MADISON (WKOW) — As child care wages hold steady, the cost of living and other industry wages are skyrocketing, forcing many workers out of the industry.
At Madison’s Red Caboose Child Care Center, Executive Director Jason Anderson is struggling to find staff.
“It’s been very difficult to find new applicants and, you know, even more difficult than before,” Anderson said. “I would say in my 25 years of hiring staff, this is the hardest I’ve ever seen.”
To make matters worse, the center is currently in the process of expanding to a new location. But right now, they don’t have the workers to staff it.
“We are planning our new facility on Winnebago Street. We’re really excited about that,” Anderson said. “But our ability to grow into that new building is going to completely be contingent on our ability to hire staff.”
It’s a trend that many day care centers across the country are dealing with right now as inflation rates and job openings rise. Laura Dresser, Associate Director of the Center on Wisconsin Strategy (COWS), says wages in child care haven’t been able to keep up.
“This is a workforce that has traditionally had very low wages, sort of exceptionally low wages,” Dresser said.
Dresser says many child care workers are simply leaving the industry to find better pay in other jobs.
“A lot of childcare workers or teachers are very devoted to the work and stay in it,” Dresser said. “But right now, the relative cost of that decision is growing. And this has much more to do with the increasing wages in other service sector jobs.”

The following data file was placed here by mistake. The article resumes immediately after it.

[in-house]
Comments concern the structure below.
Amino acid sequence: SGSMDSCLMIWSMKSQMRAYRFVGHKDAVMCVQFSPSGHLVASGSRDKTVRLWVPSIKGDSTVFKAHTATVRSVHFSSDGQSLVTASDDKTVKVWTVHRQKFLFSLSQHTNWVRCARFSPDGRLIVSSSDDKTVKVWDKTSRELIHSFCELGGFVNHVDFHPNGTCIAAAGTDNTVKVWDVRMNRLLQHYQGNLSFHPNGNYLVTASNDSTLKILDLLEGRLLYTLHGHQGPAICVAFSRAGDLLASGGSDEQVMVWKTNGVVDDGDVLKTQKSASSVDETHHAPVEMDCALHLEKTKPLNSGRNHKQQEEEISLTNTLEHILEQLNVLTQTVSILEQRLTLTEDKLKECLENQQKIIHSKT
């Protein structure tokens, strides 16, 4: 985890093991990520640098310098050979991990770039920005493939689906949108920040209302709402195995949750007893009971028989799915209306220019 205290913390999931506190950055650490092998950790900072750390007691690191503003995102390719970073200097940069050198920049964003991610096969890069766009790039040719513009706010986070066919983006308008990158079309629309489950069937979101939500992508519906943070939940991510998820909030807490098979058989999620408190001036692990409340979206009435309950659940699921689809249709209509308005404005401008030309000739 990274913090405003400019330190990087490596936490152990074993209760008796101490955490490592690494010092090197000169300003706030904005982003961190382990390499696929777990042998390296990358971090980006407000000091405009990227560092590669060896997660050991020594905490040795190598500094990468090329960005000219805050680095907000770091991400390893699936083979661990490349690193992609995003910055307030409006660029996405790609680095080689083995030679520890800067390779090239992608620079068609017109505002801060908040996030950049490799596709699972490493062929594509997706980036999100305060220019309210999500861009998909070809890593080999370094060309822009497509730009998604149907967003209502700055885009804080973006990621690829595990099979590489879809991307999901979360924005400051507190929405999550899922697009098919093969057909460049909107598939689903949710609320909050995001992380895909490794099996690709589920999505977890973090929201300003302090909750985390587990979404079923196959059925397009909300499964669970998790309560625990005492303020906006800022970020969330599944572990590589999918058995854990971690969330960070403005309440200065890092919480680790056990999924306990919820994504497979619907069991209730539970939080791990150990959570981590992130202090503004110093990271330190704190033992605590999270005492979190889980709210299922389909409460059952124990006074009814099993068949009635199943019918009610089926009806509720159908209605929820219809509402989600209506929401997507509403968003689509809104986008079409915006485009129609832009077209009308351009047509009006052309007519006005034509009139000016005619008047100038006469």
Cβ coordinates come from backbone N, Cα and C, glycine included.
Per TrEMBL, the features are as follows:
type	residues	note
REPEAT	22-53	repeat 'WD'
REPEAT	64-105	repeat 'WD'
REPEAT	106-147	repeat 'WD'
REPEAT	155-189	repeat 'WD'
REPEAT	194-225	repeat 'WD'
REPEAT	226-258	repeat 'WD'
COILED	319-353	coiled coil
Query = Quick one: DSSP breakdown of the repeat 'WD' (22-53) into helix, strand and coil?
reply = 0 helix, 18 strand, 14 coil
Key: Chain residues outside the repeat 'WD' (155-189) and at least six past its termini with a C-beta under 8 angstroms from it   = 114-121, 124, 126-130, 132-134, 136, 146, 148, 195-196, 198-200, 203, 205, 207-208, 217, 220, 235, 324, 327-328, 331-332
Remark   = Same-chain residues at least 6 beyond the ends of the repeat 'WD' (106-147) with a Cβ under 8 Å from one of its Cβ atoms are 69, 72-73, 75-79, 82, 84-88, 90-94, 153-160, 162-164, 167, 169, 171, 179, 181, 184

According to the Bureau of Labor Statistics, the average wage for a child care worker in the U.S. is only $13.22 an hour, or $27,490 a year. In Wisconsin, the number is even lower — only $12.99 an hour.
A recent study from UW-Madison and the Wisconsin Department of Children and Families showed that turnover rate is also exceptionally high.
The study shows in 2021, 28% of child care center workers said they planned on leaving the field in the next two years. 50% of respondents said they would leave within the next five years.
Their reasoning — wages and the risk of catching COVID-19.
“Service sector jobs, food service jobs, Amazon warehouse jobs, whatever — you see the wages going up,” Dresser said. “And so I think it is a question of external opportunity and low unemployment rates and labor force opportunity that is taking workers out of the industry.”
As for child care centers like Red Caboose, they’re now caught between a rock and a hard place.
“We of course, want to pay our teachers as much as we possibly can,” Anderson said. “But we also have the goal of keeping childcare as affordable as possible for our families.”